Odisha Sun Times Bureau
Bhubaneswar, July 28:
The NDA government at the Centre has yet again ignored Odisha’s interests by allowing the Andhra Pradesh government to resume construction work on the controversial Polavaram dam. Union Minister for Environment, Forests and Climate Change Minister Prakash Javadekar has done away with a stop-work order.
The Centre has allowed Andhra Pradesh to go ahead with the construction even without completion of the statutory public hearings in Odisha and Chhattisgarh. The Centre has not even informed Odisha government about it.
Javadekar has done so at the personal request of Andhra Pradesh Chief Minister Chandrababu Naidu, an ally of the Bharatiya Janata Party (BJP), sources said.
A report by Business Standard, quoting from a July 3 letter by Javadekar to Naidu, says: “I have your letter dated April 25 regarding continuation of works of the Indira Sagar Polavaram project in Andhra Pradesh. I have got the matter examined in my ministry… with the anticipation that the pending public hearing will be resolved through discussions and persistent engagement with Odisha and Chhattisgarh, my ministry has taken the decision to keep the ‘stop-work order’ in abeyance for a period of a year. A copy of the office memorandum in this regard is enclosed for your information.”
The report says Javadekar’s letter attaches executive orders from joint secretary Biswanath Sinha, dated June 23 which says, “This ministry has decided to keep the stop-work order in abeyance for a period of a year.”
It concedes that public hearings hadn’t been carried out in the two states and that both had approached the Supreme Court against the project and the verdicts were pending. The order is marked to principal secretary (irrigation) in the Andhra Pradesh government.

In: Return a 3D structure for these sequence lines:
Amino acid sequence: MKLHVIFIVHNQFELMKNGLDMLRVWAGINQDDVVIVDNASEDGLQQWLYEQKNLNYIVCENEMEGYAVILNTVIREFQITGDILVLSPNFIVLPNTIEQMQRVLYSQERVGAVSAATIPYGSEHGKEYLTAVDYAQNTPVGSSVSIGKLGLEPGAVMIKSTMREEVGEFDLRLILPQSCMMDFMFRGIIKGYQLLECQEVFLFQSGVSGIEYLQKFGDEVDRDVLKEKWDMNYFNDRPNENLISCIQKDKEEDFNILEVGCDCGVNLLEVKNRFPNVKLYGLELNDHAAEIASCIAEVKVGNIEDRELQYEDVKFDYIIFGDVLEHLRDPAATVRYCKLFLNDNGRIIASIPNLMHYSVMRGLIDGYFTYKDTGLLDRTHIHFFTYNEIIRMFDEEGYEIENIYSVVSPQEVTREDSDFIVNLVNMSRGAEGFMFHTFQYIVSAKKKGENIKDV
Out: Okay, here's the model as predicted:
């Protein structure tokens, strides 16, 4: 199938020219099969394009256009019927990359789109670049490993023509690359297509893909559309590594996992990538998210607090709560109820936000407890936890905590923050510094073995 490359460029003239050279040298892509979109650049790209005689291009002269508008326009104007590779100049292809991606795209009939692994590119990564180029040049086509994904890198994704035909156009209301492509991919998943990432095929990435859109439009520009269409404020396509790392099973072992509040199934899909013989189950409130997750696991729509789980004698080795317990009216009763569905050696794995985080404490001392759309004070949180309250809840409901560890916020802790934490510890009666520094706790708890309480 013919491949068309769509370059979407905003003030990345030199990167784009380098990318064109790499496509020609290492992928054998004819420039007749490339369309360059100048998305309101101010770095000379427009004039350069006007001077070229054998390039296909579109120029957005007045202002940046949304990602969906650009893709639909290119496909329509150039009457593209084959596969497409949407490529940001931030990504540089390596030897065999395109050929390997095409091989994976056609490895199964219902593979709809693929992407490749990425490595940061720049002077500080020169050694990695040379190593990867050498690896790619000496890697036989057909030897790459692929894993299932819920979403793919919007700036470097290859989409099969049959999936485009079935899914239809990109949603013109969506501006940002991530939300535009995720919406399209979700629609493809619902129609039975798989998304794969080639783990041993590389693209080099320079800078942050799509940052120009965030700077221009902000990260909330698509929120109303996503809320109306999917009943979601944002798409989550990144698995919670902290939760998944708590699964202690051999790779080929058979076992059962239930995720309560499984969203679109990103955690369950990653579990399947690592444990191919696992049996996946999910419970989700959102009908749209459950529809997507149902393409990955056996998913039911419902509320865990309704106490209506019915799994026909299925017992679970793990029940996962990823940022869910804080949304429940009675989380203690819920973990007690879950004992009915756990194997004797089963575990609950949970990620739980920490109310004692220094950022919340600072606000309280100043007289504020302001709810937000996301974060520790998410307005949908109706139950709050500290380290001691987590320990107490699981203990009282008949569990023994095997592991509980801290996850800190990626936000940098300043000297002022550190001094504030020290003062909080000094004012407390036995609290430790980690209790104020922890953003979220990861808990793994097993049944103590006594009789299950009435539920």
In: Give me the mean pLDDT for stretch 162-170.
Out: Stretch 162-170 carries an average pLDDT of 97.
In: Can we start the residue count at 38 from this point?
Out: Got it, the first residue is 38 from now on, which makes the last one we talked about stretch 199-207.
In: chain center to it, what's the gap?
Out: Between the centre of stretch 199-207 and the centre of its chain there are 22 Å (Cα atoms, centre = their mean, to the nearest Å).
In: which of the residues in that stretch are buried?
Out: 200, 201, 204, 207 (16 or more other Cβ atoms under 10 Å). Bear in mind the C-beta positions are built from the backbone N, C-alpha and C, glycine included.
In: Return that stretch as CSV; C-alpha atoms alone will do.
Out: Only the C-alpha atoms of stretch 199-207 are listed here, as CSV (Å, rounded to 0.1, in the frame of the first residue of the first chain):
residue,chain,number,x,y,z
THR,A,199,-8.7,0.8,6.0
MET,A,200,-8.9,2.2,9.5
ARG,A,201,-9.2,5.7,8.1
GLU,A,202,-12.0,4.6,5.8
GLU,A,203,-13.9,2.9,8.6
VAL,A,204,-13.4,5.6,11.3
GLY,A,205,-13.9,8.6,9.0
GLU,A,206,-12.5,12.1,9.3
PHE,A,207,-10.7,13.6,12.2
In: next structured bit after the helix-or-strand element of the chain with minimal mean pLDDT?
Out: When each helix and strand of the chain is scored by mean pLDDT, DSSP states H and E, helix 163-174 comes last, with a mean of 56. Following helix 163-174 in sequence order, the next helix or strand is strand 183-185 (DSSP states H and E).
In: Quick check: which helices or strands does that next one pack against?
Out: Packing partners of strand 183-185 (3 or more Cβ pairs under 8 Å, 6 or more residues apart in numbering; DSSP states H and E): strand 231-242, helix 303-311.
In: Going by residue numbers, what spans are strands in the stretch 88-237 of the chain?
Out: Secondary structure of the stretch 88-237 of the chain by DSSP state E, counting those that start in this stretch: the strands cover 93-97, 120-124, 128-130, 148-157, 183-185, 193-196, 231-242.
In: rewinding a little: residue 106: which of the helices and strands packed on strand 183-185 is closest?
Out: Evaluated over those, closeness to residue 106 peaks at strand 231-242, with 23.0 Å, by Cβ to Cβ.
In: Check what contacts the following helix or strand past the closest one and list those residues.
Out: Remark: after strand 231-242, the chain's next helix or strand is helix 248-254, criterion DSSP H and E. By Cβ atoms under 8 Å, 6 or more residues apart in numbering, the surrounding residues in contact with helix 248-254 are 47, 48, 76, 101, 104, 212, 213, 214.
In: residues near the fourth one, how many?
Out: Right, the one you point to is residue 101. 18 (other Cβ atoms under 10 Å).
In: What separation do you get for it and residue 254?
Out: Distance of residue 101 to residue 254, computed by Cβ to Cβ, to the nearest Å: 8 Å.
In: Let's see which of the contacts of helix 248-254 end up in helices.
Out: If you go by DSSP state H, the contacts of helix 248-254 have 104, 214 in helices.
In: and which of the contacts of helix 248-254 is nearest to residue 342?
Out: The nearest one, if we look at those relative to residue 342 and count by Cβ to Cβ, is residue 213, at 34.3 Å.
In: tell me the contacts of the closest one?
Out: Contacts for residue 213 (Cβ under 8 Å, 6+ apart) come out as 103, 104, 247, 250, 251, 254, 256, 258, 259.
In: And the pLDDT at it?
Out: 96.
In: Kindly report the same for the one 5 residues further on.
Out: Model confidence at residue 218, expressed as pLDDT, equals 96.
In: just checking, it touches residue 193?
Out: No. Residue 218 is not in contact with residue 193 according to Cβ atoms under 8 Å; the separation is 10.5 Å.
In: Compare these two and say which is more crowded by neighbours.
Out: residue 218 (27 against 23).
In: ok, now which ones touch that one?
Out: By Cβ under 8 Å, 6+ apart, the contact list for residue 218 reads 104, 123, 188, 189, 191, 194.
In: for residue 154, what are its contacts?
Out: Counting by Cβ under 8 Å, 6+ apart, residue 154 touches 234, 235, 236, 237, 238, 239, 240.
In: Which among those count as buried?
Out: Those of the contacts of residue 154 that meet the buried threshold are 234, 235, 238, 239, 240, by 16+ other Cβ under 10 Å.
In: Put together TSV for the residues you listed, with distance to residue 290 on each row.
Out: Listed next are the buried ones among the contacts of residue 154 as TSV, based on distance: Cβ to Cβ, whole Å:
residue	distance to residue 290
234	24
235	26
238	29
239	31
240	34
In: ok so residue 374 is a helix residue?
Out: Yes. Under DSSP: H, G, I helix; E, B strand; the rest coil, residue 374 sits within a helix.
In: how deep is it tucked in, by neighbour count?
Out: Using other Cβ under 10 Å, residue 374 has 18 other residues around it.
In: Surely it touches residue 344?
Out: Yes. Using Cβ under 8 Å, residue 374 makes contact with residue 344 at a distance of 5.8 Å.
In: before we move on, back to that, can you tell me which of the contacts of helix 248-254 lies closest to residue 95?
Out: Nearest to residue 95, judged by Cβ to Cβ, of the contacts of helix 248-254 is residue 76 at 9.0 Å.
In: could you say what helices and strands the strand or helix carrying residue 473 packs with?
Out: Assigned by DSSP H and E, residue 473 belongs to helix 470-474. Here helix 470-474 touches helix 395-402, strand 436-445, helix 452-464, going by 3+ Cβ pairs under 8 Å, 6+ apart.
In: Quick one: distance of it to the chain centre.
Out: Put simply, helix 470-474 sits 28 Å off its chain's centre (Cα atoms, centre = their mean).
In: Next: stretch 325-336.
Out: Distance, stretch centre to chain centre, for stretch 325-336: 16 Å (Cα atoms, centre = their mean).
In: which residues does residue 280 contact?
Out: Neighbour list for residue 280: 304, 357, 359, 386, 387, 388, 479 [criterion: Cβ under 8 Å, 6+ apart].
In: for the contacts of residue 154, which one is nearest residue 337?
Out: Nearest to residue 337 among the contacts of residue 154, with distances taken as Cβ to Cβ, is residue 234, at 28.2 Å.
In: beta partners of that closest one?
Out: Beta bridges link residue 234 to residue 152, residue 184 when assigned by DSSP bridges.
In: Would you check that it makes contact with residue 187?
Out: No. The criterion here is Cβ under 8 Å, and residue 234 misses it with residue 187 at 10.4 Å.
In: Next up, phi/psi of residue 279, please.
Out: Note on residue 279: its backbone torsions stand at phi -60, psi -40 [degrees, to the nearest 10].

The executive order of the Environment Ministry further says, “The government of Andhra Pradesh has assured it will bring about changes in the design and operating parameters of the project in case warranted as a result of public hearings in Chhattisgarh and Odisha and such changes would be carried out in consultation with the CWC (Central Water Commission) and the consent of all states. In that case, change in design or/and operating parameters might be required to ensure the area falling in the states of Chhattisgarh and Odisha does not come under submergence due to impounding of the project reservoir.”
Oddly, the executive order reads, “During the first three-six months of this period of one year, the government of Andhra Pradesh shall ensure public hearings are conducted in the states of Chhattisgarh and Odisha and submit the outcome of the public hearings to the Environment Ministry.”
As per the provisions of the Environment Protection Act, public hearings in the two states cannot be organised by the Andhra Pradesh government; these have to be carried out by the respective state governments through the state pollution control boards concerned.
Only after the hearings can an environment-impact assessment be conducted. A positive appraisal of the assessment would permit the Centre to give a nod. Construction on the project can take place only after this and other clearances.
In 2005, the Andhra Pradesh government secured a clearance for the project component falling within its territory. In 2010, the state sought clearance for the parts of the project in the two other states. The Union Environment Ministry gave its approval that year.
However, in 2011, it issued a stop-work order when Chhattisgarh and Odisha protested that their areas would also be impacted, adding no studies or hearings had been conducted. Subsequently, the two approached the Supreme Court separately against the project.
The project is to be built on the Godavari in Andhra Pradesh. But the water is expected to inundate many tribal villages in Odisha and Chhattisgarh. Construction has to be carried out for the project in these states too.
Around 40 villages in seven panchayats in Malkangiri district are feared to be submerged due to the proposed Polavaram project.